Jury hears closing arguments in Lazcano murder trial

Jury hears closing arguments in Lazcano murder trial
COLFAX, WA - Closing arguments in Daniel's trial were delivered late Tuesday afternoon.

The State of Washington is accusing 21-year-old Daniel Lazcano, and his brother Frank of kidnapping, murdering, and improperly disposing the body of 23-year-old Marcus Schur in December 2011.

"This is a case about vigilantes," said Whitman County Prosecuting Attorney Denis Tracy.

It's known that at the time of the murder, the Lazcano brothers were angry with Shur because they believed he burglarized their friend's house and took two of Daniel's guns. The state said that witness testimonies prove that Daniel was angered enough to shoot Schur.

"He is so upset by the theft of these two long guns that he's weeping," said Tracy. "He's crying."

But in court Tuesday, Defense Attorney Eric Christianson said that Daniel refused to go with his brother, to the scene of the shooting.

"He's not so mad he cries," said Christianson. "He's such a pansy he cries."

Tuesday afternoon, Christianson assured the jury that Daniel isn't a murderer, he's just a scared kid that initially lied to officials, so he could protect his brother from the murder charges.

"How many of you have older or younger siblings?" said Christianson. "It's a tight bond."

But the state pointed to the testimony of one of Lazcano's close friends, who claims that Daniel told him the whole story.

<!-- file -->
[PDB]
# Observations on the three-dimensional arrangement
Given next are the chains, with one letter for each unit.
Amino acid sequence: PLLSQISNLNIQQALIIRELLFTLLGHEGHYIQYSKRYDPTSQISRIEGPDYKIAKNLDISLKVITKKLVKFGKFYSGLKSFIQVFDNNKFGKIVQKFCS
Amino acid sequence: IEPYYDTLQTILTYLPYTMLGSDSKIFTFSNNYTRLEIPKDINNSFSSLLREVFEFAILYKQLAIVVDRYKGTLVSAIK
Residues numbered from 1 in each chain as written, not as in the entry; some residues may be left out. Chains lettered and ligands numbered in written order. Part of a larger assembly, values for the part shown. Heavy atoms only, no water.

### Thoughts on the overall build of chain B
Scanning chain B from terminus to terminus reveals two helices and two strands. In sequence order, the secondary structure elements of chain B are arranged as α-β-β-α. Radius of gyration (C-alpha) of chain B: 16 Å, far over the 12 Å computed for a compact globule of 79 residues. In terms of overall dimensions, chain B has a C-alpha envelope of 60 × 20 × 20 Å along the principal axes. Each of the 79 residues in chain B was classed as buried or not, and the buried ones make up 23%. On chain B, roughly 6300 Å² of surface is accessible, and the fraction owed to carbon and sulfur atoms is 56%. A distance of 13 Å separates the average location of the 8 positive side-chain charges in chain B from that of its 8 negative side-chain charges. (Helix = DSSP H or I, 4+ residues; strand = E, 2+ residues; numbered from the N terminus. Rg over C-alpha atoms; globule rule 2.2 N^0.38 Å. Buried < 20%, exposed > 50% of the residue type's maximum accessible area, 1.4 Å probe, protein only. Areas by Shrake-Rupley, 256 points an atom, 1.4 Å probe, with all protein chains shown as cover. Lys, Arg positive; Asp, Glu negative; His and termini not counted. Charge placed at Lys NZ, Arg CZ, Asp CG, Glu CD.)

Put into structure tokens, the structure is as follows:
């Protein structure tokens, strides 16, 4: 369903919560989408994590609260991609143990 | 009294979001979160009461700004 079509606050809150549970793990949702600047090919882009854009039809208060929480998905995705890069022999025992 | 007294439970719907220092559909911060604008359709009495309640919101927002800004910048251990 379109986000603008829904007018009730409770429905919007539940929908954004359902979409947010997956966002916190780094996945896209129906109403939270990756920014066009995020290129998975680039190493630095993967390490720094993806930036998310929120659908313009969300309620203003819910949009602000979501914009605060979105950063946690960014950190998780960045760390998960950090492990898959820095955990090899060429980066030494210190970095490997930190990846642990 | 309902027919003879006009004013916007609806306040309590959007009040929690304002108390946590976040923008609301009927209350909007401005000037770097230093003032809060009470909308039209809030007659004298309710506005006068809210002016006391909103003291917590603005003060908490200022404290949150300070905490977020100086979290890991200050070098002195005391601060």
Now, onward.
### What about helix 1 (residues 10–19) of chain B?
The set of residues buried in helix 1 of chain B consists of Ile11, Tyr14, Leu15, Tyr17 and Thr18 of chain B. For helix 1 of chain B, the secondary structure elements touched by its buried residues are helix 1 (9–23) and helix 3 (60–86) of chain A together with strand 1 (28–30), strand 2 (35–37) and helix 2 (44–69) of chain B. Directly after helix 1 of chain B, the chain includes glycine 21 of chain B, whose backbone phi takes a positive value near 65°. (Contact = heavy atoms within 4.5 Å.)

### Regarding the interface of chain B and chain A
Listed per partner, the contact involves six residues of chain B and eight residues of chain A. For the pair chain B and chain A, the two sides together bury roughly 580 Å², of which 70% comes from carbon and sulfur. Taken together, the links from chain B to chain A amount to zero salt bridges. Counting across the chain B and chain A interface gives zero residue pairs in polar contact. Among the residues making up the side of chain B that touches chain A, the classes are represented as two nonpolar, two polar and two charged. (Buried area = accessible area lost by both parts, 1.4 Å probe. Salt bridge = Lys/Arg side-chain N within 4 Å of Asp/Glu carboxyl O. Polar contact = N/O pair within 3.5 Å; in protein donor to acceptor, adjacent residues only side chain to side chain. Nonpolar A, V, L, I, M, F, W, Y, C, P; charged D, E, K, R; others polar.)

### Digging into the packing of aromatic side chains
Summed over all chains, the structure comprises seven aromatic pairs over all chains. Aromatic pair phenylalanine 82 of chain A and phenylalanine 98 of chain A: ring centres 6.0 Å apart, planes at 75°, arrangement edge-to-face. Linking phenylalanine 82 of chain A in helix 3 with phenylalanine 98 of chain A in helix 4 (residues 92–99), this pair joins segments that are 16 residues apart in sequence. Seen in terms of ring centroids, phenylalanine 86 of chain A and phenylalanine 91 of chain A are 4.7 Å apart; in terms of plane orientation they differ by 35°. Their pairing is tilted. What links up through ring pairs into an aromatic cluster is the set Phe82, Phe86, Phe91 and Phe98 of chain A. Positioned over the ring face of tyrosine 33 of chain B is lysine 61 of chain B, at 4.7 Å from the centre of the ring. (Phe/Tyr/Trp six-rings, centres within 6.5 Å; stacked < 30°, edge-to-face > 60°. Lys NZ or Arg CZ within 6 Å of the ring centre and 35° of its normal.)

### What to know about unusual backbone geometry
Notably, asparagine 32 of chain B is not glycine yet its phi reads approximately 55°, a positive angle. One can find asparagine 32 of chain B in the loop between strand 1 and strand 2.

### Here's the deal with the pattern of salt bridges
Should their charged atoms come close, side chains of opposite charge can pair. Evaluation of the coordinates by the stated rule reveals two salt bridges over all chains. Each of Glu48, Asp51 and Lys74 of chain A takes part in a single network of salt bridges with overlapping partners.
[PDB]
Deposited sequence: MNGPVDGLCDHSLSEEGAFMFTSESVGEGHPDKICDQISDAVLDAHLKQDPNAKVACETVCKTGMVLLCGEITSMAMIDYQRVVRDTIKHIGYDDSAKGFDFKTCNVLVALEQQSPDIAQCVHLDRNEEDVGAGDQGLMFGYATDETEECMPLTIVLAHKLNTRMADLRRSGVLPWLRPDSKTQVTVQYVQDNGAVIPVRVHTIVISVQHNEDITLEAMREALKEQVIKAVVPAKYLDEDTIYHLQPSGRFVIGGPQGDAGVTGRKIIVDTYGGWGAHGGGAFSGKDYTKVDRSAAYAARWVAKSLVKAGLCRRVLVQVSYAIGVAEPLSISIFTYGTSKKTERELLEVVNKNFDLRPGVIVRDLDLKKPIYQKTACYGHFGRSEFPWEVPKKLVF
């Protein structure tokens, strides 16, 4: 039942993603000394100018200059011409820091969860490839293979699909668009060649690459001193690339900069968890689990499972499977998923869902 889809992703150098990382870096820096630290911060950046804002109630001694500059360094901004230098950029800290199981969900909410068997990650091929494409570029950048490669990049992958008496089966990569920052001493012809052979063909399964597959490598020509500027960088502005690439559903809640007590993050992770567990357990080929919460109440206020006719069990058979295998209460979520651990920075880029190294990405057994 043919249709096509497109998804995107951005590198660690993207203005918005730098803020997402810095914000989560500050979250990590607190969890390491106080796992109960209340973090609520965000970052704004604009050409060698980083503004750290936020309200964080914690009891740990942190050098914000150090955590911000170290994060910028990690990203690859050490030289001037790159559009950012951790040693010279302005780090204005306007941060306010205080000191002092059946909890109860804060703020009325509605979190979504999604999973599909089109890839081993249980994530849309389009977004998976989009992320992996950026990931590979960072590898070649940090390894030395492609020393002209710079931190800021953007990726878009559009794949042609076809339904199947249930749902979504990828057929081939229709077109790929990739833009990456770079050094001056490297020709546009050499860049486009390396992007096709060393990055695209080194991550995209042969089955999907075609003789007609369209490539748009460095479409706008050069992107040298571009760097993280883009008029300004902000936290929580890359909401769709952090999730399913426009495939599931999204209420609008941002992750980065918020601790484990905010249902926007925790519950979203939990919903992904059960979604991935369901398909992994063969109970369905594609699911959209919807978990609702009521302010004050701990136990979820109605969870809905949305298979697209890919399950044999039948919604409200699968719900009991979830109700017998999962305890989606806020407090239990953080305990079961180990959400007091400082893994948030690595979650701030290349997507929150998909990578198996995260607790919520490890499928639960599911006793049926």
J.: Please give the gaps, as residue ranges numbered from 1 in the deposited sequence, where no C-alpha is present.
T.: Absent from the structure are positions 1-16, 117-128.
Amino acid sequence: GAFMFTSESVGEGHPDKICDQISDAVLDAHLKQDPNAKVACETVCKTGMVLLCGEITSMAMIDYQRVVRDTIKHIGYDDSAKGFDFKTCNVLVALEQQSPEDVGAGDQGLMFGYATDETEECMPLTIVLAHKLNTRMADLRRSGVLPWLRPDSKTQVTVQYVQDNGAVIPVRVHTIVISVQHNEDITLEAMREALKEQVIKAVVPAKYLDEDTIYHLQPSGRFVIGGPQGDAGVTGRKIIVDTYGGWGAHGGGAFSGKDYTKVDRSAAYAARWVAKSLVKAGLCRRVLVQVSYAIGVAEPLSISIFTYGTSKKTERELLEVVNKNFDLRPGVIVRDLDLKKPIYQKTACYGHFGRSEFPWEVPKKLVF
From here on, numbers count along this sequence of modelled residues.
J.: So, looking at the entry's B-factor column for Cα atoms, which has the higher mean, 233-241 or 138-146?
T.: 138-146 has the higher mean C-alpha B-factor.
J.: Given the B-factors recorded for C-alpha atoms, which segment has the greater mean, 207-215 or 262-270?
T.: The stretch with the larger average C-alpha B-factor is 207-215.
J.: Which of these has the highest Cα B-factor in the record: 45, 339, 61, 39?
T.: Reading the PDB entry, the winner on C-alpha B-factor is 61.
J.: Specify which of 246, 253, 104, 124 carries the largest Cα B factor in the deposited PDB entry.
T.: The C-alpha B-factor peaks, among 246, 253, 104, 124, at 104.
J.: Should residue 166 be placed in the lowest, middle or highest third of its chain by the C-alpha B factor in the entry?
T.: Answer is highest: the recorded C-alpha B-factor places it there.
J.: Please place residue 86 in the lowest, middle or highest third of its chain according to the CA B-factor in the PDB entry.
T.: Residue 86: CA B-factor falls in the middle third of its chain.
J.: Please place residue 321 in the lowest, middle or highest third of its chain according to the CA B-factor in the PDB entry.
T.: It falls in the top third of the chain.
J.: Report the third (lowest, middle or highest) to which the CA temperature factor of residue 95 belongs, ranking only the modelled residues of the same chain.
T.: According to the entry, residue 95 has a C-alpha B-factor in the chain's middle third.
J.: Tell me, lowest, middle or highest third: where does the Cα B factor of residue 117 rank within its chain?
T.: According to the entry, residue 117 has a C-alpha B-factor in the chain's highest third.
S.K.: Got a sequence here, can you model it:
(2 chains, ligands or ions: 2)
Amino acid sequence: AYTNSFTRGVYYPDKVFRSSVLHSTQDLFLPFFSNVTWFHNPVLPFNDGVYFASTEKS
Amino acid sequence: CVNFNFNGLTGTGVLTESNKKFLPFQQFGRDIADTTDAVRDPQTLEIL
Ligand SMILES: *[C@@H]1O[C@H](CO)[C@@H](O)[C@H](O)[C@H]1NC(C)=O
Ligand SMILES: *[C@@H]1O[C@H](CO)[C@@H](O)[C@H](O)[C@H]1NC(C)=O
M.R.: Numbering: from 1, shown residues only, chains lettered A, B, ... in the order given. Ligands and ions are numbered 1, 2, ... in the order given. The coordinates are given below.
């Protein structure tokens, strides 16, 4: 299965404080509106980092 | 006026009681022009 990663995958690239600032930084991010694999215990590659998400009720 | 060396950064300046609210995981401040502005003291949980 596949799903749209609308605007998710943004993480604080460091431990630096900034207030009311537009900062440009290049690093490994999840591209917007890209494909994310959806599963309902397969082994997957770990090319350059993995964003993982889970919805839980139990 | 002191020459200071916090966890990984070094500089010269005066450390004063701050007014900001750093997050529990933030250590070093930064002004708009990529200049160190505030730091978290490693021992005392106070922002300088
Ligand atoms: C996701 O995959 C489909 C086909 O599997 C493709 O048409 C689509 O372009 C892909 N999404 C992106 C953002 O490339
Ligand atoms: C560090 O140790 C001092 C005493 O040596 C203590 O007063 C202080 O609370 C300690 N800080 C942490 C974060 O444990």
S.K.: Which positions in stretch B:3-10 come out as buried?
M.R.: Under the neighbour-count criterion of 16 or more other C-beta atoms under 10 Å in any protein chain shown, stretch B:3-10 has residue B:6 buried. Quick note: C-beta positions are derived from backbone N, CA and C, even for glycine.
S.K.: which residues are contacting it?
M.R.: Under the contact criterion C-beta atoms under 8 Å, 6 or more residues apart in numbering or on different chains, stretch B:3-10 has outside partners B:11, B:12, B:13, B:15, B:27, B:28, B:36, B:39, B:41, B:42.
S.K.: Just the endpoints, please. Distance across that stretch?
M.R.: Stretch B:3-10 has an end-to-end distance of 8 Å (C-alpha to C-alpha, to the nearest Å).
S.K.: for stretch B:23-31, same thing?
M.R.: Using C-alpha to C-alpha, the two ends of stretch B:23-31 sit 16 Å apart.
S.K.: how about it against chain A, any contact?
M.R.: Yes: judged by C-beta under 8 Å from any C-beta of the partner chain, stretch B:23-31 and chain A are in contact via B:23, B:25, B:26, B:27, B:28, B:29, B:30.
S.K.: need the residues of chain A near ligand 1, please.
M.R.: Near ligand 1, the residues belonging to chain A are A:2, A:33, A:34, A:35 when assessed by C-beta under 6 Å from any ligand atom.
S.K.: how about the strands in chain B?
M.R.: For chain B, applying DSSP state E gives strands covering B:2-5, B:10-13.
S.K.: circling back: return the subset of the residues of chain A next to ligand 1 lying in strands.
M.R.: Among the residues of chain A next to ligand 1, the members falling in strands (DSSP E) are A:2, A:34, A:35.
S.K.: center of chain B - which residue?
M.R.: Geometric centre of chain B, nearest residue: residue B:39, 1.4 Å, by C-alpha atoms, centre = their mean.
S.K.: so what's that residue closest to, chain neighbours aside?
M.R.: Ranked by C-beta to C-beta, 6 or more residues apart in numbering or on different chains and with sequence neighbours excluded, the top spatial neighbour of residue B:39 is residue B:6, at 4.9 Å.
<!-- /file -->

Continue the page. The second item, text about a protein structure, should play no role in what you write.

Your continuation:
"It was, Marcus came running out the back, I said, 'Stop, Marcus, stop.' I raised up, raising his arms, and I went, 'Bop, bop, bop," said Tracy.

One of the state's most crucial pieces of evidence is an A-K47 that they recovered after the murder. It was registered to Frank Lazcano.

"His brother, Frank, gave him this rifle, right after the burglary," said Tracy.

But the defense also pointed out Tuesday that there wasn't any shells recovered at the scene, and that the only eyewitness claimed that he saw Frank shoot Schur with a pistol.

"They just found a rifle in the crick, in the river, the Spokane River, and said, 'It must be it,' said Christianson.

The jury has yet to decide if they believe that Daniel encouraged his brother to help him track down the victim, and then shoot and kill him or if the state's evidence just isn't enough to convict Daniel of murder.

"You don't convict somebody of murder in the first degree based upon, 'Could've been,' and that's all they've got," said Christianson.

The jury was dismissed at around 5:30 Tuesday evening. They will continue their deliberation Wednesday morning at 9:00.